Fiat Chrysler Automobiles Group chief executive officer Sergio Marchionne worries new initiatives such as a provincial pension plan and cap-and-trade system to limit emissions could make Ontario uncompetitive.
He said he delivered that blunt message directly to Ontario Premier Kathleen Wynne on Friday, as they sat next to each other during lunch at the Toronto Global Forum.
“You have to be very careful,” Marchionne said during an address to conference attendees, acknowledging there are reasons to adopt certain programs from a social policy perspective, but argued political decisions have costs too.
“Once you are outside the box, the exposure is so large, it gets multiplied by thousands,” he said, referencing the impact of additional costs on every vehicle made in Chrysler’s case.
When asked how Ontario stacks up, Marchionne responded: “This is not what I would call the cheapest jurisdiction.”
He later told reporters that initiatives like introducing a cap-and-trade system or new pension plan simply add costs to running an operation.
“They cost money,” he said, adding though he was hopeful that a company like Chrysler would be exempt from the new Ontario pension plan because it already has a company pension.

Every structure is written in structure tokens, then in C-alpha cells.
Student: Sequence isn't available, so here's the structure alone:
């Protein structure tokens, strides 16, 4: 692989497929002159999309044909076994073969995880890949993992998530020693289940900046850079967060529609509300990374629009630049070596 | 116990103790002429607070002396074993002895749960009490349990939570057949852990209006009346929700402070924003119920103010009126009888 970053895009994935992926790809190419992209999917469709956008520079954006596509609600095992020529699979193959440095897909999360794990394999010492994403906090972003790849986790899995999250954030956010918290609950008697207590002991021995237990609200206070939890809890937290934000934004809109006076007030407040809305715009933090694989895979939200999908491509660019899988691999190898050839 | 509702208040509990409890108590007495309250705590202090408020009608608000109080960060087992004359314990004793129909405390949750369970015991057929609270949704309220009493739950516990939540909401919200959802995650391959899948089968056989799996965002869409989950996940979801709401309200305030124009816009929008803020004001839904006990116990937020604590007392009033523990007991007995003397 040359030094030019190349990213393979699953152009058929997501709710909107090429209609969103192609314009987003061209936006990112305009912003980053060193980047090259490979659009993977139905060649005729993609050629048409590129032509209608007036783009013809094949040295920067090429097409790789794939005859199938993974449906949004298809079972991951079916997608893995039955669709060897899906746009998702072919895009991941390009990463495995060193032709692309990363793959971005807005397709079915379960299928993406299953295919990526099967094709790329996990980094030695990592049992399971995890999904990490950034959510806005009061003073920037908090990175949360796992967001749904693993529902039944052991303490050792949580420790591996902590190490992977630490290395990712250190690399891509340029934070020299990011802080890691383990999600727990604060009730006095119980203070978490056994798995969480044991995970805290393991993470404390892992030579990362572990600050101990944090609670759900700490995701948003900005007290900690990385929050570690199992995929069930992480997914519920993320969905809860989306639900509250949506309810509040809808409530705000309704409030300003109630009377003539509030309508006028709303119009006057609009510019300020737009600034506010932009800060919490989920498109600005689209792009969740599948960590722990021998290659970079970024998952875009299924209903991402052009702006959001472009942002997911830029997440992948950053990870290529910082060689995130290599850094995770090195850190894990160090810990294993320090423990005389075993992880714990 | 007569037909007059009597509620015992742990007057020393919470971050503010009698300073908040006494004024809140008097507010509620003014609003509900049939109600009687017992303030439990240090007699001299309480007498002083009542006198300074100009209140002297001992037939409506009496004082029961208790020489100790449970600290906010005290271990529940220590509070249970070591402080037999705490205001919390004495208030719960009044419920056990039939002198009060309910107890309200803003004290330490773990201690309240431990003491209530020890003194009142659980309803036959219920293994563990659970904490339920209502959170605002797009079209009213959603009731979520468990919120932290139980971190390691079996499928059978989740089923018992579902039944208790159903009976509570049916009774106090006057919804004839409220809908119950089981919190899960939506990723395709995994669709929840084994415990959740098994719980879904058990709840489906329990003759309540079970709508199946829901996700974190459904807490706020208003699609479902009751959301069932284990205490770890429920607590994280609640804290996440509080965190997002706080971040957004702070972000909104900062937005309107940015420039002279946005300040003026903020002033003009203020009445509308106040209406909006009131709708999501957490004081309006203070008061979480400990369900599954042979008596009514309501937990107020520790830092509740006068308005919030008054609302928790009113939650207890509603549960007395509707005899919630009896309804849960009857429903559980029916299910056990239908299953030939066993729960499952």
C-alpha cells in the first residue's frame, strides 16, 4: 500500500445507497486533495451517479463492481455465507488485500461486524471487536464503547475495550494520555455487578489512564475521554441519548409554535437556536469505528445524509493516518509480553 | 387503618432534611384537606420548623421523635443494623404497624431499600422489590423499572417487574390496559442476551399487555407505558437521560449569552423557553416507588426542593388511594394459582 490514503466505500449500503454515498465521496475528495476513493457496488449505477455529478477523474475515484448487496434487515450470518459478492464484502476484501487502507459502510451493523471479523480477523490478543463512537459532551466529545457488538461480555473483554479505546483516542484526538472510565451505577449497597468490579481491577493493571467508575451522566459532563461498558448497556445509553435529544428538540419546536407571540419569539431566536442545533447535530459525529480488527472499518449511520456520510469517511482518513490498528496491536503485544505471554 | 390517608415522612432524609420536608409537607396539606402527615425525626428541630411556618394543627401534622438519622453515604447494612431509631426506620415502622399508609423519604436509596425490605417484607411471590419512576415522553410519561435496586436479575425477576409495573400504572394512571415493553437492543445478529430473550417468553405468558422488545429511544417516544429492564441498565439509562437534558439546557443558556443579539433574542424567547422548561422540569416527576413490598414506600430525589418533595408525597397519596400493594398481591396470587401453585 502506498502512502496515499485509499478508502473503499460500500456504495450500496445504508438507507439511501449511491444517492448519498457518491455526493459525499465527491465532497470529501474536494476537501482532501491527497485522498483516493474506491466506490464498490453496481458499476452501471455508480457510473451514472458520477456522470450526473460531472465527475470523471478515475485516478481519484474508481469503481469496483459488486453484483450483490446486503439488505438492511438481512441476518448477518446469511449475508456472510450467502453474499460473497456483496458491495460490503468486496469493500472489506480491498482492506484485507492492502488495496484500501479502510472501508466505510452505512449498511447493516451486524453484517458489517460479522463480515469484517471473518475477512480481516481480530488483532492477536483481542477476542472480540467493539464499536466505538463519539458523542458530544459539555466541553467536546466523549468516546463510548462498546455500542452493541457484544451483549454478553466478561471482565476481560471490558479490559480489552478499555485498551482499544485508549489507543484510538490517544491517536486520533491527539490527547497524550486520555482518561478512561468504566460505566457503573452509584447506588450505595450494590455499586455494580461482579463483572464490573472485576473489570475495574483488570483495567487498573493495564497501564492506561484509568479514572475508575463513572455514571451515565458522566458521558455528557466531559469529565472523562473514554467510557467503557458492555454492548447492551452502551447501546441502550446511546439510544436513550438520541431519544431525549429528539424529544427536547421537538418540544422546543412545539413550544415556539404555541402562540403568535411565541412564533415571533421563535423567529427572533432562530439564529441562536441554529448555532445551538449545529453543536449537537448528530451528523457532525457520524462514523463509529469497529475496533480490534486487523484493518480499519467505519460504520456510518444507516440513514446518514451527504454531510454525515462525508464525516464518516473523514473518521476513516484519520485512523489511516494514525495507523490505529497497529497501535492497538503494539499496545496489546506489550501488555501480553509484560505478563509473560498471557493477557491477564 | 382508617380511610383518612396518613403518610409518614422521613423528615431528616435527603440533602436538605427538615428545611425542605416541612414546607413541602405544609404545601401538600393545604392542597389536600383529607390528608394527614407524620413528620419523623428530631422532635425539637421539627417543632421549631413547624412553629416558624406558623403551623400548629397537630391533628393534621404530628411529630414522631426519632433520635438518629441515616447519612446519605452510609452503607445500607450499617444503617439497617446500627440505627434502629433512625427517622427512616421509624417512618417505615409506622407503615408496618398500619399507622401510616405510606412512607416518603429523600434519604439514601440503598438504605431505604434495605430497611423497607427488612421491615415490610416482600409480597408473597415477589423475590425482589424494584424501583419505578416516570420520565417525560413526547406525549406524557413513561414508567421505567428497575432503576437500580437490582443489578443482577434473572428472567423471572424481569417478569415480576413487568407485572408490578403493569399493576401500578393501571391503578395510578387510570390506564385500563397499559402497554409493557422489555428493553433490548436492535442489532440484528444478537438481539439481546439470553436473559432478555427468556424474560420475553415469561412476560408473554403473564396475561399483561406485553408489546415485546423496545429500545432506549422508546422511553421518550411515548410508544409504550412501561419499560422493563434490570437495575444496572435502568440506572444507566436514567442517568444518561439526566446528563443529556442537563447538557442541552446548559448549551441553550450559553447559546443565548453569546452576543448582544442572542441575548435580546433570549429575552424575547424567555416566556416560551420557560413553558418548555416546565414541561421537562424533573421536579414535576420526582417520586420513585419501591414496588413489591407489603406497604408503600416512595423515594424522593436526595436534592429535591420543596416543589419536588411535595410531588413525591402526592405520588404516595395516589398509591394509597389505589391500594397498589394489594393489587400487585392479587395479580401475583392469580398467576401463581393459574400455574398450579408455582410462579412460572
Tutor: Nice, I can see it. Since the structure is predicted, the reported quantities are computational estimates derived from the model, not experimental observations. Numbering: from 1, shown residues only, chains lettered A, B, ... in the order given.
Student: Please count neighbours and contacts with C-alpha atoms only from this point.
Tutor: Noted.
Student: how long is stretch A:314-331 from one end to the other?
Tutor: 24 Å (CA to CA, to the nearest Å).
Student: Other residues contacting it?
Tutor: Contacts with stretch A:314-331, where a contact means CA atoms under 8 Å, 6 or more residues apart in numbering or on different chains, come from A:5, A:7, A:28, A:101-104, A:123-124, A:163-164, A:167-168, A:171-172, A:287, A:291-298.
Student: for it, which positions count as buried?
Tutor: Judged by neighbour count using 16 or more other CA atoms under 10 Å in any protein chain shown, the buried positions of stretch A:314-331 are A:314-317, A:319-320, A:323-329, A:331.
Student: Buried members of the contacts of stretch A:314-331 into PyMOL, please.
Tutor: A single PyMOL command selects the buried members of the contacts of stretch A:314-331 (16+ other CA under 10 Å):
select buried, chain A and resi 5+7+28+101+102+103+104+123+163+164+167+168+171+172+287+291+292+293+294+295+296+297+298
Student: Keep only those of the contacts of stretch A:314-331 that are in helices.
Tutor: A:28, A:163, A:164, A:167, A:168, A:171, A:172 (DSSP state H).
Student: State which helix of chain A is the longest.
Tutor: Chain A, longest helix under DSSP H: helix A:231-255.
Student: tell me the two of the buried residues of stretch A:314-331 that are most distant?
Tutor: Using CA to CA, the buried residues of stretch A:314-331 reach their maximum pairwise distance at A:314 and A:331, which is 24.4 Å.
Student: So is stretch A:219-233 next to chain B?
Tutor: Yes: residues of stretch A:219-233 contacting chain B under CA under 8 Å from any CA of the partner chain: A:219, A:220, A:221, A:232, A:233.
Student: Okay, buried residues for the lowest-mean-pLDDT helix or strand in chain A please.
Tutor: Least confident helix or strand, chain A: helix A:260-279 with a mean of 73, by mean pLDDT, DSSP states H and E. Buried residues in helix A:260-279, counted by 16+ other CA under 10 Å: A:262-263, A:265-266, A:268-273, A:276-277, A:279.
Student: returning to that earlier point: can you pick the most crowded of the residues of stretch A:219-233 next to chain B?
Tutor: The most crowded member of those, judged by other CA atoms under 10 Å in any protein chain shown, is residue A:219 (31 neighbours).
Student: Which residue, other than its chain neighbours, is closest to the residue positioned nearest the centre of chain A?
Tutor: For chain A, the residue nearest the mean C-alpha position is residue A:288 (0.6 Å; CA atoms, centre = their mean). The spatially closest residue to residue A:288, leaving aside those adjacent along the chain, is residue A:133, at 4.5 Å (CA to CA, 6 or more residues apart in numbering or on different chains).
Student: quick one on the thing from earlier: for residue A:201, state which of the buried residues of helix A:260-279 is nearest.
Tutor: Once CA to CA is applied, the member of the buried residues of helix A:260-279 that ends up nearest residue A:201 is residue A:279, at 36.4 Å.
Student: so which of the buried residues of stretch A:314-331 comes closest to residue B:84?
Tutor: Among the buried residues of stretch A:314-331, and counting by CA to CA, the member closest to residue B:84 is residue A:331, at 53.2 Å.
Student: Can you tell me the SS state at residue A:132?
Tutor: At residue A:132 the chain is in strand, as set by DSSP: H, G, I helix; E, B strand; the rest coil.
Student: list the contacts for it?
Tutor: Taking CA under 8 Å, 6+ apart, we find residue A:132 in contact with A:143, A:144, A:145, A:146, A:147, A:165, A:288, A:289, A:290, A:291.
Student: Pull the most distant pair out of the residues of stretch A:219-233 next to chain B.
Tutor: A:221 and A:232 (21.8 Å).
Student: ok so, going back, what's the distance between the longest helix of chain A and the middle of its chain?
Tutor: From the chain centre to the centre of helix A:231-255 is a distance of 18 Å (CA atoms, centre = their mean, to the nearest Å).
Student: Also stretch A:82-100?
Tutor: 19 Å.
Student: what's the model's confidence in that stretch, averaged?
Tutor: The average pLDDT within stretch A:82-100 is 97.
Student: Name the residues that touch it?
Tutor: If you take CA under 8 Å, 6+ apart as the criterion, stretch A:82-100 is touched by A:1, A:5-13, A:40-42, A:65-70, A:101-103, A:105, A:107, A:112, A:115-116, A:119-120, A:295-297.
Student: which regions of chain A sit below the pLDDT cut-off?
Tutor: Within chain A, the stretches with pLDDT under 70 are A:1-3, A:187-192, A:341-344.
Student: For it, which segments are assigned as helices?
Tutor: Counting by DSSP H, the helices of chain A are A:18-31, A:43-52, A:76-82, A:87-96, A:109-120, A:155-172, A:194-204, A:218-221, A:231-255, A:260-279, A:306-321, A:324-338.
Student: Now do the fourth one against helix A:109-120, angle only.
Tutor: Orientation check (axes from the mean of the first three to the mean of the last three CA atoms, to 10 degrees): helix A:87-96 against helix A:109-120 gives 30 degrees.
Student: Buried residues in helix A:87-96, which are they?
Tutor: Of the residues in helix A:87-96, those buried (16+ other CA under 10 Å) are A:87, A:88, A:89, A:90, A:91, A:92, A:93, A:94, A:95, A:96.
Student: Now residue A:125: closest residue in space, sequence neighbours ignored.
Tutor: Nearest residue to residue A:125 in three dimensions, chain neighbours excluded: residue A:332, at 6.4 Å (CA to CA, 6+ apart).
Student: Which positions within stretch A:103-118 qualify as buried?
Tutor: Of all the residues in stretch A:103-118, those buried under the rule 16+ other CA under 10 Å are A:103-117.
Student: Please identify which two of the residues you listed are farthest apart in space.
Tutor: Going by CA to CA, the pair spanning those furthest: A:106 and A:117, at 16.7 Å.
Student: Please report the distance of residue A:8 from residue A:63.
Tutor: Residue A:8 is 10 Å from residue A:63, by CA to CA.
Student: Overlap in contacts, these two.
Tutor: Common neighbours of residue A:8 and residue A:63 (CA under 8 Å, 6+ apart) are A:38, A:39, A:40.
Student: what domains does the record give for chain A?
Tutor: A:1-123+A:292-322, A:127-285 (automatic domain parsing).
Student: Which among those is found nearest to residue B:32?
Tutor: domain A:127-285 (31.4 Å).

“I think sense will prevail,” he said.
Marchionne added that while cap-and-trade details have not been shared yet, he said the Premier was responsive and “willing to accept feedback from industry.”
He characterized the conversation as “cordial,” saying it was “a lot more cordial” than a Chrysler request for government investment in 2014, a reference to then-Tory leader Tim Hudak who had blasted the company’s request.
Chrysler eventually withdrew its request for government aid of up to $700 million for Windsor and Brampton assembly plants, saying it had become a political football.
Marchionne also told reporters the company was just days away from filing a prospectus with the U.S. Securities and Exchange Commission for the IPO of Ferrari.
He said the listing would be in New York, with a possible secondary listing in Milan.
He also confirmed that he would be in Detroit on Tuesday for the ceremonial handshake with UAW president Dennis Williams as contract talks begin.
He declined to discuss any specifics related to bargaining but reiterated his concern about the two-tier wage scale, a comment he has made previously.
“It is something that cannot continue,” he said, comparing it to two types of citizens.